Wunlit

Wunlit
Wunlit is located in South Sudan
Wunlit
Wunlit
Coordinates: 7°58′28.5″N 28°50′19.9″E / 7.974583°N 28.838861°E / 7.974583; 28.838861Coordinates: 7°58′28.5″N 28°50′19.9″E / 7.974583°N 28.838861°E / 7.974583; 28.838861
CountrySouth Sudan
StateTonj State (formerly Warrap State)
PayamThiet

Wunlit is a village in Tonj State, South Sudan.[1] The village is most widely known for a peace conference held there in 1999.[2]

Wunlit peace conference

The Wunlit Peace Conference of 1999 was an important part of the People-to-People Peace Process in Southern Sudan. It was facilitated by the New Sudan Council of Churches. The People-to-People Peace Process began in 1998 with a series of local conferences; it continued with the Wunlit Conference, which brought together Dinka from Bahr al-Ghazal and Nuer from Western Upper Nile, and a series of subsequent conferences in Akobo, Waat, and Liliir. It culminated in the All Southern Peace conference of 2001, which was held in Kisumu, Kenya. The Wunlit Conference grew out of agreement made in December, 1998, by Dinka and Nuer chiefs in Lokichogio, in northern Kenya, and a series of visits to Western Upper Nile by Dinka chiefs in early-1999, and to Thiet by Nuer chiefs in mid-1999.[3][4]

Residents of Wunlit specially constructed a village to accommodate the roughly 1,500 people who took part in the conference. The village consisted of 150 houses and a large meeting hall, which was later used as a school.[5][6] Residents of the surrounding area also built a 12 kilometer road and an airstrip so that observers and participants in the conference could arrive there.[7][note 1]

In July 2003, a second meeting, called "Wunlit 2," was held in Wunlit to address cattle raiding being carried out by soldiers. The meeting had roughly one hundred participants and was facilitated by the New Sudan Council of Churches. Participants resolved to establish a series of joint police posts in border areas to monitor cattle raiding and agreed on methods to arbitrate in cattle disputes.[8]

Notes

  1. ^ For a discussion of how the Wunlit Peace Conference fit into the wider People-to-People Peace Process and the broader work of the New Sudan Council of Churches, see Hadley Jenner (2000). “When Truth is Denied, Peace Will Not Come”: The People-to-People Peace Process of the New Sudan Council of Churches (PDF) (Report). cdacollaborative. p. 21.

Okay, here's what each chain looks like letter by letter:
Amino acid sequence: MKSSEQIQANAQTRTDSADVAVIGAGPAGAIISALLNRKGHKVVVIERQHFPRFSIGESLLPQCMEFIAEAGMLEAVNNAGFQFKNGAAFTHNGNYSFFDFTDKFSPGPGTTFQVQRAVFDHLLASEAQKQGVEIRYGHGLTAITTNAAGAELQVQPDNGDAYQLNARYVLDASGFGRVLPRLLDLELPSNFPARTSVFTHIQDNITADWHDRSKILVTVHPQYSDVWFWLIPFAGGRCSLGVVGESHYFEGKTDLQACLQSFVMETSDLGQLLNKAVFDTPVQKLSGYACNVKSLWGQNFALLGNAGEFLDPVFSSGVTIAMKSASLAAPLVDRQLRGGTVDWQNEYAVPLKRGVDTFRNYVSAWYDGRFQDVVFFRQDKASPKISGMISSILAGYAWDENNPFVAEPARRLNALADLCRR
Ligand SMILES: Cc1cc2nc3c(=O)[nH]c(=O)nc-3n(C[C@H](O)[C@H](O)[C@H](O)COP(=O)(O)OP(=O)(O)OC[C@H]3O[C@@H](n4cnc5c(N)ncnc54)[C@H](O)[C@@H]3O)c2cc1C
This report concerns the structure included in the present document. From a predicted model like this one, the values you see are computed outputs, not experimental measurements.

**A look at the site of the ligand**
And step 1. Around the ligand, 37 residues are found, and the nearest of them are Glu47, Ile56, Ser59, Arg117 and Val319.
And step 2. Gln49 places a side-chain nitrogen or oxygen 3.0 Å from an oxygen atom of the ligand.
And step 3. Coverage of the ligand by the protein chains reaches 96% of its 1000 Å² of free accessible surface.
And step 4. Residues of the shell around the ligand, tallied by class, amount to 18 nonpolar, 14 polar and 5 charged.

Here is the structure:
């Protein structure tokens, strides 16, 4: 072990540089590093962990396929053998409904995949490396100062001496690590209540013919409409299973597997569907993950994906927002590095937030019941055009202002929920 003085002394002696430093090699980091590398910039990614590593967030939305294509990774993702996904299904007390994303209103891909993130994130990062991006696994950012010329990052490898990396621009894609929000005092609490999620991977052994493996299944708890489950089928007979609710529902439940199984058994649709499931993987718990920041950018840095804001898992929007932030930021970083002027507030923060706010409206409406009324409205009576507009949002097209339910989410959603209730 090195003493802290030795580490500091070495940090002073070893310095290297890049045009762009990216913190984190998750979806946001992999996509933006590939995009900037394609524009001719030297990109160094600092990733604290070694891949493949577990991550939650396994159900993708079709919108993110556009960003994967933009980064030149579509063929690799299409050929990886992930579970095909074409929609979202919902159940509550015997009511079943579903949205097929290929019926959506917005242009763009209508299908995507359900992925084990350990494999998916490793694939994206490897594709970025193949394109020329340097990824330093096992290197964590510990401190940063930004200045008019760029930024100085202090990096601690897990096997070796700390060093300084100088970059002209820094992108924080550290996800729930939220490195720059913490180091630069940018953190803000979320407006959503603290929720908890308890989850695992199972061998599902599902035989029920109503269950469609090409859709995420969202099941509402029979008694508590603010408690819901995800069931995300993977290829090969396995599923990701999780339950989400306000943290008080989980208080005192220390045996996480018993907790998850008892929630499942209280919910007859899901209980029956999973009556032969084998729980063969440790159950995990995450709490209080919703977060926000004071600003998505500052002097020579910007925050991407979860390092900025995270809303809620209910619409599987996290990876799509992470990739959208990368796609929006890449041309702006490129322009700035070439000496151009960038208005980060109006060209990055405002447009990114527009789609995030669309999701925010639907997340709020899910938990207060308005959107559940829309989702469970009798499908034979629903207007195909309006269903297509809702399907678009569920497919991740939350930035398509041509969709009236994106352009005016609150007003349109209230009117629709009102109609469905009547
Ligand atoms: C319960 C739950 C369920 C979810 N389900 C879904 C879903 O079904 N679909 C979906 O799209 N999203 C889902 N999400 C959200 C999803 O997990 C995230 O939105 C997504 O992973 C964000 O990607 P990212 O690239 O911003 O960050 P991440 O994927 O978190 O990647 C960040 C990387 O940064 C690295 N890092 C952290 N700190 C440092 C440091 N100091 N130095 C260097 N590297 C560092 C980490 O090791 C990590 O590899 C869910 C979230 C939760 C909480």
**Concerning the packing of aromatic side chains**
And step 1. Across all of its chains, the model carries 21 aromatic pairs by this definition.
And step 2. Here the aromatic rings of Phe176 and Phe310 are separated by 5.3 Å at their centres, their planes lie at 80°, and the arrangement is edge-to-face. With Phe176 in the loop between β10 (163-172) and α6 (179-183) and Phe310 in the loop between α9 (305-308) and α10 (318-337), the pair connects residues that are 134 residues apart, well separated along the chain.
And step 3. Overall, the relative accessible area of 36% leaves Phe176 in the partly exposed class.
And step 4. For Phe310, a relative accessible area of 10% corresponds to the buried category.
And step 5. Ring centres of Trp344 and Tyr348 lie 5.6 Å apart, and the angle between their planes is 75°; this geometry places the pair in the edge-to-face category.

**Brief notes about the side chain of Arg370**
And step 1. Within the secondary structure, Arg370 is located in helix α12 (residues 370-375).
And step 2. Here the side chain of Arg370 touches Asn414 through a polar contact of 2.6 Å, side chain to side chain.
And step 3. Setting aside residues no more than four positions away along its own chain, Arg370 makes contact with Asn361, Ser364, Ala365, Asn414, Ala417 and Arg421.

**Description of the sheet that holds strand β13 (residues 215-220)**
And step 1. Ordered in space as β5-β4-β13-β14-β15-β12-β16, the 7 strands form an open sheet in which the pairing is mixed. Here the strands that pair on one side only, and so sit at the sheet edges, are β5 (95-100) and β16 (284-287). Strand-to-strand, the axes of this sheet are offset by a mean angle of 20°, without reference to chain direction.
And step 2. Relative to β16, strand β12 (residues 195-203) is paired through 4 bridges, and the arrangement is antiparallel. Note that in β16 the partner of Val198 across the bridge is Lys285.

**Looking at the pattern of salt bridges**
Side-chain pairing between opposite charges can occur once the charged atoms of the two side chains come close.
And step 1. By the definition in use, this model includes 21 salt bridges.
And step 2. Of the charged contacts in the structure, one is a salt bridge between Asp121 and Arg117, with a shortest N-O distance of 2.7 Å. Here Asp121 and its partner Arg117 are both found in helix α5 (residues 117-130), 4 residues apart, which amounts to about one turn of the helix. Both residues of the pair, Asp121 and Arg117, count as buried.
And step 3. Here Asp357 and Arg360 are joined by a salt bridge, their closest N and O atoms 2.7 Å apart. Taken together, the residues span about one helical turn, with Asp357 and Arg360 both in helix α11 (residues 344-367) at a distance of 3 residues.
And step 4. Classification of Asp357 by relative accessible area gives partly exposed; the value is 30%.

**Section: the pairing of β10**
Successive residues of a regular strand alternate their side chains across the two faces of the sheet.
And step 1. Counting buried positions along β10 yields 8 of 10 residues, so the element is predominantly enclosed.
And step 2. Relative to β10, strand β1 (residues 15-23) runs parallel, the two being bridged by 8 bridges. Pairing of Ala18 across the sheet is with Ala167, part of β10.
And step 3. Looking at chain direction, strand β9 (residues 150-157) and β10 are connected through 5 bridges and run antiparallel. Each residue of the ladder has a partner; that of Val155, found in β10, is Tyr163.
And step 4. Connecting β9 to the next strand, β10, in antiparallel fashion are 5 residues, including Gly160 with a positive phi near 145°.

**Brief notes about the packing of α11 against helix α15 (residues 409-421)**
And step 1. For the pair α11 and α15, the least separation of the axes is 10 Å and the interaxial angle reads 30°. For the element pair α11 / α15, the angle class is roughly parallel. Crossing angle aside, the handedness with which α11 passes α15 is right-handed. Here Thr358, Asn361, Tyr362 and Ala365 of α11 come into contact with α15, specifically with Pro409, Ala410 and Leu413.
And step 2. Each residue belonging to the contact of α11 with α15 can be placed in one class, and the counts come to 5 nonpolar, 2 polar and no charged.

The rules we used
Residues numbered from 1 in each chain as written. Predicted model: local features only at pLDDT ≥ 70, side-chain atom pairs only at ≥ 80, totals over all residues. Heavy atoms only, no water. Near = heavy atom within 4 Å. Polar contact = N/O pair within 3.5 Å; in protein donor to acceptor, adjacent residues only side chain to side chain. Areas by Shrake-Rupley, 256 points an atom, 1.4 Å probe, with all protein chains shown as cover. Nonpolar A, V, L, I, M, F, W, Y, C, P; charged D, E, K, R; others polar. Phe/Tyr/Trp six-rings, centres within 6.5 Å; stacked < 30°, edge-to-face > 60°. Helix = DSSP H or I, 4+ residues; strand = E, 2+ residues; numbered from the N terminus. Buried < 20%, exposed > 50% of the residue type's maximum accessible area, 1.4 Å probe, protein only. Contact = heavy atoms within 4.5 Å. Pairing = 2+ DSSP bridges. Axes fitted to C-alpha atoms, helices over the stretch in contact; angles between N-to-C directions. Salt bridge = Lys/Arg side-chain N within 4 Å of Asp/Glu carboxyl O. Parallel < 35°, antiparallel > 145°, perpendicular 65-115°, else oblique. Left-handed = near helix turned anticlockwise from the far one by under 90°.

References

  1. ^ Mayom, Jok P. (4 October 2015). "President Kiir Creates 28 States Of South Sudan". Gurtong.net. Juba, South Sudan. Retrieved 19 November 2017.
  2. ^ Karl, Vick (7 July 1999). "Sudanese Tribes Confront Modern War". Washington Post. Thiet. Retrieved 19 November 2017.
  3. ^ Öhm, Manfred (2014). War and Statehood in South Sudan (Studien Zu Ethnizitat, Religion Und Demokratie). Baden-Baden, Germany: Nomos Verlagsgesellschaft. p. 145-151. ISBN 384871843X.
  4. ^ Hutchinson, Sharon (2009). "Chapter 2: Peace and Puzzlement: Grass-roots peace initiatives between the Nuer and Dinka of South Sudan". In Schlee, Günther; Watson, Elizabeth E. (eds.). Changing Identifications and Alliances in North-East Africa: Sudan, Uganda and the Ethiopia-Sudan borderlands. Berghahn Books. pp. 49–72. ISBN 1845456041.
  5. ^ Öhm, Manfred (2014). War and Statehood in South Sudan (Studien Zu Ethnizitat, Religion Und Demokratie). Baden-Baden, Germany: Nomos Verlagsgesellschaft. p. 145-151. ISBN 384871843X.
  6. ^ "The 1999 Wunlit Dinka-Nuer Peace & Reconciliation Conference". paanluelwel.com. PaanLuel Wël. 19 December 2011. Retrieved 19 November 2017.
  7. ^ Hadley Jenner (2000). “When Truth is Denied, Peace Will Not Come”: The People-to-People Peace Process of the New Sudan Council of Churches (PDF) (Report). cdacollaborative. p. 21.
  8. ^ "Sudan: Peace conference resolves to stop cattle rustling". IRIN. 14 July 2003.
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